Restrepo is a courageous film, there’s no denying that. Directors Tim Hetherington and Sebastian Junger have certainly proven themselves in the bravery department. Spending a year with a platoon in the deadliest valley in Afghanistan for Vanity Fair is no easy task. And some of the footage captured here is truly great. For some parts, Junger and Hetherington are literally right next to our troops as they’re taking fire from insurgents. But just because they’ve been able to capture compelling footage, does it necessarily mean we’re going to get an effective and moving film? In Restrepo‘s case, the answer is sadly no.
As mentioned above, Restrepo is a documentary that follows American troops who are stationed in one of the deadliest valleys in Afghanistan, the Korangal Valley. When released, it was met with near universal praise and the film has been bestowed with many awards and nominations. Perhaps though, it’s a tad bit overrated.
Mixed in with the harrowing war footage captured here, is interviews with the various soldiers who were fighting in the Korangal Valley during that time. While the interviews do give the film a bit more meaning, the film jumps and cuts around so often that during the field footage, it is sometimes tough to tell who is who, and therefore the interviews become less significant.
It’s hard to correlate between the soldiers in the interviews and the ones on the battlefield at times. They’re the same ones, it’s just it’s hard to tell who is who once we see them in the field. This isn’t always the case, but it does happen a fair bit and because of this, the film loses a lot of its emotional punch. It’s also pretty unclear for the most part what exactly is going on during the field footage. Mission objectives become unclear and you’re never really sure what the soldiers are trying to accomplish. Once again, diminishing from the film’s emotional pull.
This is partly because while Tim Hetherington and Sebastian Junger may know how to capture great footage, they can’t for the life of them put it together in a movie. The footage is understandably chaotic and not smooth and this translates into the film, giving it a very choppy feeling. At times it feels like nothing more than a collection of clips. It’s jittery and due to the lack of flow and continuity, it rarely pulls you in. There isn’t really a story arc and events feel like they’re loosely connected at best.
If you’re looking for an action packed war movie, Restrepo won’t please you in that regard either. A lot of the footage is just of soldiers hanging out and chilling, punctuated here and there with some fighting. When it happens it’s entertaining, but when we’re just watching a bunch of guys hanging out or waiting for something to happen, it’s considerably less than exciting. If you’re looking for something that will convey the rush or thrill of war, look elsewhere.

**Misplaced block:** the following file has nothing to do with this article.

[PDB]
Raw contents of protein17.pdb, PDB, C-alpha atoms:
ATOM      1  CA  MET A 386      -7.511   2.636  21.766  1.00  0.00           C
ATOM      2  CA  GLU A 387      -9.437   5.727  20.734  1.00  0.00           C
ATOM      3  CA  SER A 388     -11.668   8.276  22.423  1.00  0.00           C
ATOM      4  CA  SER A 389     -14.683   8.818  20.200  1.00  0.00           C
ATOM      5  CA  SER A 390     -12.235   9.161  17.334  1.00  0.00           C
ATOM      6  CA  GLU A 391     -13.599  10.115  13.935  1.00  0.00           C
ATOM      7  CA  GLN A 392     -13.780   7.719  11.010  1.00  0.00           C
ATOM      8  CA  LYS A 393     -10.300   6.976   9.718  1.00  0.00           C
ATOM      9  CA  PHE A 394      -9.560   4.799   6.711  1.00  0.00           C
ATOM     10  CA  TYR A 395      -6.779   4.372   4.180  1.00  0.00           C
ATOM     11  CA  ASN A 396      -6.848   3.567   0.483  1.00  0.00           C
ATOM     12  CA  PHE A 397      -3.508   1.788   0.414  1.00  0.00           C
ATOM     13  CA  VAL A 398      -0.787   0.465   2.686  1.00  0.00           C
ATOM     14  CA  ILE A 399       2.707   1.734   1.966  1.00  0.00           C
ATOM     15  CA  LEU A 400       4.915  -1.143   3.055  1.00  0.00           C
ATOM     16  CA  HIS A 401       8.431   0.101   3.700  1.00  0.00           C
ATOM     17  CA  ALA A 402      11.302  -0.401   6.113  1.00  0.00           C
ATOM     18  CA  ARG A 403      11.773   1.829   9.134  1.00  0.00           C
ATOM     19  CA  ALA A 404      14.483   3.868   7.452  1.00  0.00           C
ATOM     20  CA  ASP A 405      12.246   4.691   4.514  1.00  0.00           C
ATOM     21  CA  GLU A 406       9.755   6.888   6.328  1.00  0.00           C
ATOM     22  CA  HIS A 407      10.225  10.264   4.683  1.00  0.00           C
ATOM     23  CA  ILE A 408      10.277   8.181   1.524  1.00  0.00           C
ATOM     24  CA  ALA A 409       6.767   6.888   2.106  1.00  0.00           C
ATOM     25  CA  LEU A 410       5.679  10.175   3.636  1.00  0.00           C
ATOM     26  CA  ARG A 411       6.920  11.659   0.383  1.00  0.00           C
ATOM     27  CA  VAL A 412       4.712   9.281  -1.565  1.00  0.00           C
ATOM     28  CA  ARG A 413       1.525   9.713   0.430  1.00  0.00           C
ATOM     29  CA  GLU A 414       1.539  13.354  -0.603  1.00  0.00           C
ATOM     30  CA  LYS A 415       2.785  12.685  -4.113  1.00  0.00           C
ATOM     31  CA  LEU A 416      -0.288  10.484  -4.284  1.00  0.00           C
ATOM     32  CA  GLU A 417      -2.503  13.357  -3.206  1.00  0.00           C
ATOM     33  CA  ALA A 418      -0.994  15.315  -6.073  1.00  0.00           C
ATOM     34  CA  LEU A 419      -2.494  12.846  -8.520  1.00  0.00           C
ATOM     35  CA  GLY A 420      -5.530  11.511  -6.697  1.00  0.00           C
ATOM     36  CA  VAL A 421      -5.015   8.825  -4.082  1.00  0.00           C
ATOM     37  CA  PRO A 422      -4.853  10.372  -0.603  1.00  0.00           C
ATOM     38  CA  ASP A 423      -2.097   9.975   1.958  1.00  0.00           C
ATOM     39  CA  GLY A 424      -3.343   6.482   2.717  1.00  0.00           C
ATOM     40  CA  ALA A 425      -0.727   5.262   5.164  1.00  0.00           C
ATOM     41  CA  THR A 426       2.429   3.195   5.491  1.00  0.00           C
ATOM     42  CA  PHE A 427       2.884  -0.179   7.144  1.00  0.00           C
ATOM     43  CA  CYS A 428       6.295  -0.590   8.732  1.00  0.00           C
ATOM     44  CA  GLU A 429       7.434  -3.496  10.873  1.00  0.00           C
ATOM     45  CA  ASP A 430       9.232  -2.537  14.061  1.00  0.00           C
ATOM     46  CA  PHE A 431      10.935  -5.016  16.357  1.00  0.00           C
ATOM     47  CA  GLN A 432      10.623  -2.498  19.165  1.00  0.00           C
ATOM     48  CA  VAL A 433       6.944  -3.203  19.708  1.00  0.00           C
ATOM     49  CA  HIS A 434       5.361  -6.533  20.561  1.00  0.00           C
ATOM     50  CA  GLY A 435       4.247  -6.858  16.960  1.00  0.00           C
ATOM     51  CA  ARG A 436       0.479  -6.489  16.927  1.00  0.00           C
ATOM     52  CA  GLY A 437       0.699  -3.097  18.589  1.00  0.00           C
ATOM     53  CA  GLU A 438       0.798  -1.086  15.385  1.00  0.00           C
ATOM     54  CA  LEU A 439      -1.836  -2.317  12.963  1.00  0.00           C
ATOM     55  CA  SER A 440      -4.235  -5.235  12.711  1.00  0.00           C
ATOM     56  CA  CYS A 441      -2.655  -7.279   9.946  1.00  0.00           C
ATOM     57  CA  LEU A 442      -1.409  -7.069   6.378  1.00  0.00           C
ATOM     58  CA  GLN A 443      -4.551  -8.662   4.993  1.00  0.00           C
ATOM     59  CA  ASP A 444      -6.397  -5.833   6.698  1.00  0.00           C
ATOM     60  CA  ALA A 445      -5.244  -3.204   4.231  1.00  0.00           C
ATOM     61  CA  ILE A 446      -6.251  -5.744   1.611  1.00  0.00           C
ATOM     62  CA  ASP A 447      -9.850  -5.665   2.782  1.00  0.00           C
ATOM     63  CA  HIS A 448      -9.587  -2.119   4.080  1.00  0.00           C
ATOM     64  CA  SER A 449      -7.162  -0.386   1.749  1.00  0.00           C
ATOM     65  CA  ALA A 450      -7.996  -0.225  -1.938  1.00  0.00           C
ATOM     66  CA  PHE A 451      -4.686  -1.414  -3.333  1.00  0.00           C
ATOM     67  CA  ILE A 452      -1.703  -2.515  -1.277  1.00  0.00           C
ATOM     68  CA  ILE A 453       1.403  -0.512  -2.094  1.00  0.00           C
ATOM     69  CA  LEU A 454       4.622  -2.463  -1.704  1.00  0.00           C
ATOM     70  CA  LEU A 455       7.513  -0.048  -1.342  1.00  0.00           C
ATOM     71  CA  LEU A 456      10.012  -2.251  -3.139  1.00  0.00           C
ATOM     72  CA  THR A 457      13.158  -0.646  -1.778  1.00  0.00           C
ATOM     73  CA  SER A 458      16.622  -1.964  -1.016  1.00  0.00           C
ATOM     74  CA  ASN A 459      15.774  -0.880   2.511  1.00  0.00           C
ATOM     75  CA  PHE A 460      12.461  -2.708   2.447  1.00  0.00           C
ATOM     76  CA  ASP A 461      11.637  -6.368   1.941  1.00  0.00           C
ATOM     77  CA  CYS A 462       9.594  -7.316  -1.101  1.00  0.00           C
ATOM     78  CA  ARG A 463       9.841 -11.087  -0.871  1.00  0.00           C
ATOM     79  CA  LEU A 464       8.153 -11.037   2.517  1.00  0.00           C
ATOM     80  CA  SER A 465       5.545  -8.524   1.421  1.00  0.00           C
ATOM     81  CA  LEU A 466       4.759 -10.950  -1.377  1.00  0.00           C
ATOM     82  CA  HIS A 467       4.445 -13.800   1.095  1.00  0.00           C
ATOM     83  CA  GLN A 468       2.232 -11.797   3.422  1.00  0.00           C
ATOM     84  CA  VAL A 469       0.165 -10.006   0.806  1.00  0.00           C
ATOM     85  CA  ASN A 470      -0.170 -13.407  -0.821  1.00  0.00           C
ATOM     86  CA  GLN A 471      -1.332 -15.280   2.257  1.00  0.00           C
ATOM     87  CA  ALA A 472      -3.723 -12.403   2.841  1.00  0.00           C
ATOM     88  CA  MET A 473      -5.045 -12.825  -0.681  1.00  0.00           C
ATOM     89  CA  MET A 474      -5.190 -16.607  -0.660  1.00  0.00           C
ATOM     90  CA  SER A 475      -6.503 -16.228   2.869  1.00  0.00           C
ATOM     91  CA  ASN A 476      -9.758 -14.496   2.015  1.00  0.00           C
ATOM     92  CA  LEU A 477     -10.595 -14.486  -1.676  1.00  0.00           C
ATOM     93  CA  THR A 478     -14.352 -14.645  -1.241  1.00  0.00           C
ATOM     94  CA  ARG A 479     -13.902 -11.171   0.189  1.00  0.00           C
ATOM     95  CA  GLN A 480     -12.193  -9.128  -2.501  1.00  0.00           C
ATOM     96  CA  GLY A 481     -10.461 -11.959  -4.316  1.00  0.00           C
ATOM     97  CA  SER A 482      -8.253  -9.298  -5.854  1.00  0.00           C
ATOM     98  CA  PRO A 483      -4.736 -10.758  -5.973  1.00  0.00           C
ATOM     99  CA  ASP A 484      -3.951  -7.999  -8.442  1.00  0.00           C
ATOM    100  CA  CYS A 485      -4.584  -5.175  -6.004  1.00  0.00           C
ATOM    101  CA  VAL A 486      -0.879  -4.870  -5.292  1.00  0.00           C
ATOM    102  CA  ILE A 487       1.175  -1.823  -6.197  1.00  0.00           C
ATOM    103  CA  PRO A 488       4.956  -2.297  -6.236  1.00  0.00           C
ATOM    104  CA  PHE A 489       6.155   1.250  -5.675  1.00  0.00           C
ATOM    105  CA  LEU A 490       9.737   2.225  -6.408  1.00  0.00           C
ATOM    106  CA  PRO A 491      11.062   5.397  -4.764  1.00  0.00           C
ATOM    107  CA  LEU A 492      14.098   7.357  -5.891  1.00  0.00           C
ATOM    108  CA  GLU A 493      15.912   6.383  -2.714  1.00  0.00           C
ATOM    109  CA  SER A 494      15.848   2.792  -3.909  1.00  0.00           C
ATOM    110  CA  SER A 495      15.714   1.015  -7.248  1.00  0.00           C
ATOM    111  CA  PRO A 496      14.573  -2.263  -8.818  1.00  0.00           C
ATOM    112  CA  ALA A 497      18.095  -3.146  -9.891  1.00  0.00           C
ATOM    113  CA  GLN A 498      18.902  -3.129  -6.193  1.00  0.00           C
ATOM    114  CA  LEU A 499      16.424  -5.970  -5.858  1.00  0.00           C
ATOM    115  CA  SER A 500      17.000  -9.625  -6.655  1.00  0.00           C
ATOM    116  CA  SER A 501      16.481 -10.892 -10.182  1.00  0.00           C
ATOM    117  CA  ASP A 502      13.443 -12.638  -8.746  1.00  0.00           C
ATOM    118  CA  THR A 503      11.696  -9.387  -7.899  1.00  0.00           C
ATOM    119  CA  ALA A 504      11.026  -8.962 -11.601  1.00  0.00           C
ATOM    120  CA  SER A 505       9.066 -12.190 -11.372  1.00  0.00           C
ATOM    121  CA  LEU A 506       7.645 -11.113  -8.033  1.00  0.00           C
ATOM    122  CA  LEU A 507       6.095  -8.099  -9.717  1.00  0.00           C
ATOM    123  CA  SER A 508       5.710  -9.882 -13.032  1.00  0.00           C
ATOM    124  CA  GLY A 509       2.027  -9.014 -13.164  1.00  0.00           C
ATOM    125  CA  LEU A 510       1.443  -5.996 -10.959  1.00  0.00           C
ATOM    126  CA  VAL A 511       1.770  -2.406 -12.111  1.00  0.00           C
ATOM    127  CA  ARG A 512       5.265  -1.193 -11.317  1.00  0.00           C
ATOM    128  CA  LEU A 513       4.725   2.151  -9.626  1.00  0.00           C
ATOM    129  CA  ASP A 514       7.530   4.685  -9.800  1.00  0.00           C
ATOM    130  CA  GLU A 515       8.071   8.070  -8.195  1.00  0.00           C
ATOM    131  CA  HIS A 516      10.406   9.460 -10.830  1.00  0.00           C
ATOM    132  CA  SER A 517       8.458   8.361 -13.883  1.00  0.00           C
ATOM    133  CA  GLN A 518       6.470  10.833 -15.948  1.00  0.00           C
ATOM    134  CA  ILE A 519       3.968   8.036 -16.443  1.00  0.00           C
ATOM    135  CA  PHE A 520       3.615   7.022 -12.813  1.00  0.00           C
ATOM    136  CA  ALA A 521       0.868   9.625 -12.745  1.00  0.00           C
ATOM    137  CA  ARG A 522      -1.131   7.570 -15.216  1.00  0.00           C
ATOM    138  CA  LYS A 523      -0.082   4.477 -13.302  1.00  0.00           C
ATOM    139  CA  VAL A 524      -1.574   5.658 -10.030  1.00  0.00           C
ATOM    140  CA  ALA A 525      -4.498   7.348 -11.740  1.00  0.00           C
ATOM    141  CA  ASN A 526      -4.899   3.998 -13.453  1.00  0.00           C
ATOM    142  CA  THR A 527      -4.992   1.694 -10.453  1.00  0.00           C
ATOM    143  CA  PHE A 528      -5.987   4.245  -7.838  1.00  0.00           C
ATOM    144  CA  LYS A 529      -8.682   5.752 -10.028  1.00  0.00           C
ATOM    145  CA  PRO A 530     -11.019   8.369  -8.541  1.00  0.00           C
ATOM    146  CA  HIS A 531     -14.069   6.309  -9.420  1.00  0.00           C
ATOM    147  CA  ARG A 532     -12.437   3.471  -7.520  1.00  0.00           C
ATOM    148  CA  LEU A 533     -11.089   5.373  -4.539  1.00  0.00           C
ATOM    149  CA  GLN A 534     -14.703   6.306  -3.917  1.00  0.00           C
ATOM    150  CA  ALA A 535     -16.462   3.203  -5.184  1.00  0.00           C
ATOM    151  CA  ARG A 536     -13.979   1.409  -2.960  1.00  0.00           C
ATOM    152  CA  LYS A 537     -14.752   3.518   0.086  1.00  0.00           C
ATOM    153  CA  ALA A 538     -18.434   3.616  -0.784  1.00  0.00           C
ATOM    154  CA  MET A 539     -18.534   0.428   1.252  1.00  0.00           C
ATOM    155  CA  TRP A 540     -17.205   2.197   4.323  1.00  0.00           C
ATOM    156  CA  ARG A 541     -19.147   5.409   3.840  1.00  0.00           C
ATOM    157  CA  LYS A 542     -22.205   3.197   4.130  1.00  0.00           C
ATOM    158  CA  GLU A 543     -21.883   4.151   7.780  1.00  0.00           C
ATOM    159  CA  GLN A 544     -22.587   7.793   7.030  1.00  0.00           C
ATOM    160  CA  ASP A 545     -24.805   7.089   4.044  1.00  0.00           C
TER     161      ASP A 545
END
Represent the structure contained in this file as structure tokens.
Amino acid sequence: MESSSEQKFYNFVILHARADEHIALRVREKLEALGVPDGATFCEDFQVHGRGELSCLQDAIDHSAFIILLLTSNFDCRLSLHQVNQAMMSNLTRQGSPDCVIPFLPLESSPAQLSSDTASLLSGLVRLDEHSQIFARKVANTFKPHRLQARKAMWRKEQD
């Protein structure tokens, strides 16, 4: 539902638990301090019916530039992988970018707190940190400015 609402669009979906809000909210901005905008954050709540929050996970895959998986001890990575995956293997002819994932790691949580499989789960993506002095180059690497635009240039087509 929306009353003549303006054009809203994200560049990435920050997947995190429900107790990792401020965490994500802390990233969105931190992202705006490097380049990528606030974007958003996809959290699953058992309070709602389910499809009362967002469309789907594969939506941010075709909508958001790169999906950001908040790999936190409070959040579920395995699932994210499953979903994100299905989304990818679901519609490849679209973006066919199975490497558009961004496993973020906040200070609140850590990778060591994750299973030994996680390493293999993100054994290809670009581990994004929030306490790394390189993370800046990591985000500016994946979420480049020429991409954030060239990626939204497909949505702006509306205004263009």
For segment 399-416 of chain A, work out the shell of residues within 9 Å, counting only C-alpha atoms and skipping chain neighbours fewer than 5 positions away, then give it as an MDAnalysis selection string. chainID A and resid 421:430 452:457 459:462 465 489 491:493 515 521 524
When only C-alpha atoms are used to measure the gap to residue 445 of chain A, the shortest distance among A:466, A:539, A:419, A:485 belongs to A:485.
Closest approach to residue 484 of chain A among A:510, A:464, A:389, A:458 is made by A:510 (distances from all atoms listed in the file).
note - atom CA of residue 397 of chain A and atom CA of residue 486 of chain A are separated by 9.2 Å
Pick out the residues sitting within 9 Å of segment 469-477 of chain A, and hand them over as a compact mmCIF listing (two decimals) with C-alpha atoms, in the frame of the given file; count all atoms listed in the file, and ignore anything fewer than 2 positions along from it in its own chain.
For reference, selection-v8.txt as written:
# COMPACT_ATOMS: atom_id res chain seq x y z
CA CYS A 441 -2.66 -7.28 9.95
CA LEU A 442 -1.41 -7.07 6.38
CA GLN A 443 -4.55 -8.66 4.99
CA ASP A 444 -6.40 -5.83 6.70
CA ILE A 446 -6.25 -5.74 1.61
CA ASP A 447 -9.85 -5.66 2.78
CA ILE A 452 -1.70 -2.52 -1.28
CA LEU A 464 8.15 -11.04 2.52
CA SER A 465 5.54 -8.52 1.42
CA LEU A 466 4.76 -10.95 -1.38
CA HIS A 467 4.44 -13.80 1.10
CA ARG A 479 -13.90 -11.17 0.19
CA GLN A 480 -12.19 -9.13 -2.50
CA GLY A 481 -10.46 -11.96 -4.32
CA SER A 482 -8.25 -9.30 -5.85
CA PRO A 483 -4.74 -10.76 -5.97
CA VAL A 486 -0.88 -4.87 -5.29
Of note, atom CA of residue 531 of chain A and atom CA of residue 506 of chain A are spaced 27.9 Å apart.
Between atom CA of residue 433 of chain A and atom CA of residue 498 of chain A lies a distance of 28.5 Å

That being said, there is some good here. As I said before, some of the footage captured is pretty neat and the interviews are revealing and interesting. It gives us a fine look at what being a soldier is like, but it’s just hard to be riveted or immersed by any of it. The whole thing is very matter of fact. The film doesn’t really say much, it just observes, no commentary from the filmmakers, no narrator, nothing. It’s an impressive piece of journalism but it’s just not a great movie.
In the end, the film provides some raw and riveting footage and a couple touching interviews but overall, as a film, it just feels incomplete. It didn’t seem to have the same effect on me that it did on other people and I just couldn’t help but to walk away feeling very unsatisfied.
When it comes to the Blu-Ray itself, things aren’t much better. Special features include deleted scenes, extended interviews, an update on the soldiers from the platoon, a photo gallery and a PSA from IAVA, Operation Homefront and Taps.
Aside from the update on the soldiers and the extended interviews, nothing else is really worth watching. It’s a shame they didn’t pack on more special features because I think this is a film that really could have benefited from some more in-depth features. A commentary, behind the scenes feature, anything really would have been appreciated.
When it comes to audio/video, you’re clearly not going to get Avatar quality here but for the nature of the footage, it isn’t bad. Of course the interviews are more polished but the field footage isn’t awful.
Video is a bit grainy at points, which is to be expected and of course scenes with insufficient lighting like nighttime scenes have a bit of a murky look to them. Audio also suffers a bit when we’re watching the field footage. Dialogue isn’t always crystal clear and depending on what we’re seeing, audio can be hit or miss. That being said, the interviews are all fine and I have no complaints with them. Like I said before, this is guerilla filmmaking, so you can’t expect top notch quality, and it’s far from terrible, it’s just not on the level that you’re used to seeing.
So where does this leave us? Honestly, I know this film was praised by just about everyone, and I tried to give it a chance, I watched it three times but I just couldn’t get into it. It’s not an awful film, I just think it was very overrated. Perhaps you’ll disagree but that’s how I feel. At this stage, I can’t recommend a purchase, if you’re curious give it a rent but personally, I couldn’t justify purchasing this film.
Restrepo is too choppy and not well put together and it feels like a collection of clips as there is no flow or continuity.